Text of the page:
An initiative put forth to the Legislature in Olympia, Wash. today called I-522 could be a game changer for food and especially organic food. This initiative sponsored by Chris McManus, “would require most raw agricultural commodities, processed foods, and seeds and seed stocks, if produced using genetic engineering as defined, to be labeled as genetically engineered when offered for retail sale,” says David Ammons on his Washington Secretary of State Blog designed to connect the government to the people.
At least 241,153 valid signatures have to be submitted, and by 1p.m. McManus is set to submit 340,000 signatures. It's recommended that there be 25% extra signatures to cover any that are invalid.
If this goes through, GMO companies would be forced to be upfront when their “GMO” is included in a product. This is very important to organic food enthusiasts who understand that “we are what we eat”, and quite frankly, eating any unnatural “organisms” whether genetically modified or other is not acceptable. Just give us the birds and the bees and leave our food the way God made it to be.
Since the measure is an initiative to the legislature they have three options if the measure qualifies. Lawmakers can “1) adopt the initiative as proposed, resulting in it becoming law without a vote of the people; 2) reject or refuse to act on it, thus placing the initiative on the General Election ballot next November; or 3) approve an alternative to the initiative, with both the original and the alternate measures being placed on the General Election ballot.” says Ammons.
All of this will take time. It can take all of this month just to verify all of the signatures, and then they have to decide what they want to do about the initiative. Another initiative supposed to be submitted this week also is I-517, which calls for protections for those signing petitions. No more bullying by politicians or companies would be allowed for anyone having signed a petition.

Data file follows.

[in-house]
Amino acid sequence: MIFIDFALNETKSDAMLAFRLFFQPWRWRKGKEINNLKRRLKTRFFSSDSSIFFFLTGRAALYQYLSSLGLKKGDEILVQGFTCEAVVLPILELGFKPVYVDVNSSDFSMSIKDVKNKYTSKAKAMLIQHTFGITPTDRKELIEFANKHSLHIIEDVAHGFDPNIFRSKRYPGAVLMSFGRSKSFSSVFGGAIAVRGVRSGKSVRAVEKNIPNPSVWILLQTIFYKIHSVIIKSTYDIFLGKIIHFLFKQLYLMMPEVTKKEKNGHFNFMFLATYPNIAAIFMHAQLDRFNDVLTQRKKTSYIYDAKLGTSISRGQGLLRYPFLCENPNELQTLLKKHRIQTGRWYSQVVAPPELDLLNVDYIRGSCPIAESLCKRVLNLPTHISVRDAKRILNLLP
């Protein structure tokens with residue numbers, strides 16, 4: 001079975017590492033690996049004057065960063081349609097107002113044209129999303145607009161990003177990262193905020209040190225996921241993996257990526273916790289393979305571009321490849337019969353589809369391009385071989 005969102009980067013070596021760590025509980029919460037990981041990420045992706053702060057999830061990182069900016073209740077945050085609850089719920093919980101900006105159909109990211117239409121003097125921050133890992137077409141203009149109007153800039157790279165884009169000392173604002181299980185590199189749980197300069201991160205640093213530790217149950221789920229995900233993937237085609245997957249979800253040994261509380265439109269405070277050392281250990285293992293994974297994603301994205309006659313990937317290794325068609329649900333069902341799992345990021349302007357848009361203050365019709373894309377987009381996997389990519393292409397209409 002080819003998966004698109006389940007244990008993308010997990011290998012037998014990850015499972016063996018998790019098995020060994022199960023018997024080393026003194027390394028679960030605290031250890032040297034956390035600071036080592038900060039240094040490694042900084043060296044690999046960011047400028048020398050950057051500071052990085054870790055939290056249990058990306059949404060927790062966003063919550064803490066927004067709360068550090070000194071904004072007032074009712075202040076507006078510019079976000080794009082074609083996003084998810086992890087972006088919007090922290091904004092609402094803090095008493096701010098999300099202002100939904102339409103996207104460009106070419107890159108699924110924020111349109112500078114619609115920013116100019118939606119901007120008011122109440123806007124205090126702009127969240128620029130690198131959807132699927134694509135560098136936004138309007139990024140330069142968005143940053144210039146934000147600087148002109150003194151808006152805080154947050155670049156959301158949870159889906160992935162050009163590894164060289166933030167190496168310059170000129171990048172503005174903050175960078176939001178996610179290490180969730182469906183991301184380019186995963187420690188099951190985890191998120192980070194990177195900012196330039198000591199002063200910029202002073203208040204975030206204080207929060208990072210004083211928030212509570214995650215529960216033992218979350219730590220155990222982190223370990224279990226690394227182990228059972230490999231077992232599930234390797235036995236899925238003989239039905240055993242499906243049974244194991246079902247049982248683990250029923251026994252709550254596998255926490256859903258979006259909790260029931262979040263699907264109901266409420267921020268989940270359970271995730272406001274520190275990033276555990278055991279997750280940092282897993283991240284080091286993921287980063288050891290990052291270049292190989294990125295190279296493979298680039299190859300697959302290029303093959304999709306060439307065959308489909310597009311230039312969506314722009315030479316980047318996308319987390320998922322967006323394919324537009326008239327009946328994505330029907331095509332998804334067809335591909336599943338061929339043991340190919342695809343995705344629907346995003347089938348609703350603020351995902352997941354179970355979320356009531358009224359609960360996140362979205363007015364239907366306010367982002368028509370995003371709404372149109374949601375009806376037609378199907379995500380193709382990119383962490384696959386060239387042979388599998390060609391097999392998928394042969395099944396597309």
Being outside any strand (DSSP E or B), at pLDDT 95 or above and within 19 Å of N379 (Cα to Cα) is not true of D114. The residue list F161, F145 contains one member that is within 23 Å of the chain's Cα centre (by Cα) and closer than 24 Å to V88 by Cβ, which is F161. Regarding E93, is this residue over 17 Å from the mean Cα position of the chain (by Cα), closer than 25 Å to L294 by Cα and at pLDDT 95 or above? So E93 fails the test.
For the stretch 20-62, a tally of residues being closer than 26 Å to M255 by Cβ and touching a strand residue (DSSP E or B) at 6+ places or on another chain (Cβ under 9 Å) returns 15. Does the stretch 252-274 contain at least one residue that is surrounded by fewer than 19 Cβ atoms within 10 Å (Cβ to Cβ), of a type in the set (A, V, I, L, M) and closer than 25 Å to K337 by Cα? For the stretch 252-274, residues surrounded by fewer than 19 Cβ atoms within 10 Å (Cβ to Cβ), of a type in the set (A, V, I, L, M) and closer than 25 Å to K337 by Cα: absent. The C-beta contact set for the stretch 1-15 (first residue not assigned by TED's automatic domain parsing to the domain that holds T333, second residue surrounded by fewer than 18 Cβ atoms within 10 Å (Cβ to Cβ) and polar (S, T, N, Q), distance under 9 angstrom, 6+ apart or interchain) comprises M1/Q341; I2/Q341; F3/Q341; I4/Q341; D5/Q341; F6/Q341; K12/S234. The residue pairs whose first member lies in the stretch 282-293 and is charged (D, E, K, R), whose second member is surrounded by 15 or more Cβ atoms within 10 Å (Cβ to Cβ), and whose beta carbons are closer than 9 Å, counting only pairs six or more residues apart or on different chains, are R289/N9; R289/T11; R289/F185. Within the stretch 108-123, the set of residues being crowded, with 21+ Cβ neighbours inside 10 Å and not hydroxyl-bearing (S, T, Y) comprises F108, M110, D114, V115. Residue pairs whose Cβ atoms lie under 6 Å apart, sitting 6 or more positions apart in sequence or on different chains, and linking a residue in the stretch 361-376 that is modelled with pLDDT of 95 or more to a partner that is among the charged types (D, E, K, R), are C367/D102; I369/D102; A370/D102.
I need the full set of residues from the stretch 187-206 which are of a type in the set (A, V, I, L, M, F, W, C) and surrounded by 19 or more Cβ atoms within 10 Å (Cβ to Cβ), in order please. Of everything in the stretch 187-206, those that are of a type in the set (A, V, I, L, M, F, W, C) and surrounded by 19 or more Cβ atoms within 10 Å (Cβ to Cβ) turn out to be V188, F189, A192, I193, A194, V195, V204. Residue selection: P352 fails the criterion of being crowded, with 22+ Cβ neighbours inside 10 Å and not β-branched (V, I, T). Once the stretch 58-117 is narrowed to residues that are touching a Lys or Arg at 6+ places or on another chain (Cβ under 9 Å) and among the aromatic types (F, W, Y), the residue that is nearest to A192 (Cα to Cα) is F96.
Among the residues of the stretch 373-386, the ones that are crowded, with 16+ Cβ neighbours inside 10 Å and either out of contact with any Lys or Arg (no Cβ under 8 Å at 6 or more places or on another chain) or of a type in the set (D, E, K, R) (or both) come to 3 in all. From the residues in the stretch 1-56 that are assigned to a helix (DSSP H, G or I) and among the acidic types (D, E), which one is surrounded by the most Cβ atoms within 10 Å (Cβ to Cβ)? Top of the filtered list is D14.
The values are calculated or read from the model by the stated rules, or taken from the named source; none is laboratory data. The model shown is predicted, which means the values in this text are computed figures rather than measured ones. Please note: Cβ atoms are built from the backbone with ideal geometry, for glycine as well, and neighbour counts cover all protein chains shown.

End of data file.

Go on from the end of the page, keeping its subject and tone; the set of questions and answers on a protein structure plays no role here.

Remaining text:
Both of these initiatives have the potential to greatly help “real people” who just want “real food” to eat that they can buy in the supermarket. Why does a person have to take up farming just to have the good things in life? This is the 21-st century, and the food available should not be just for those who aren't concerned about what they put into their bodies.
What does the government have to gain for helping people have access to “real food”? Well, it would most certainly lower health care costs. If the government deems it their job to be big brother over everyone's health, then there is a big responsibility to actually contribute to good health that goes with that.
Spending money seems to be the call of the day with lawmakers in Washington. This initiative is a call for those in charge to wake up to what is real and at least pretend to care for a change. What will they all do when their tax payers are all dead from man-made food? Oh, well, future generations can worry about that.
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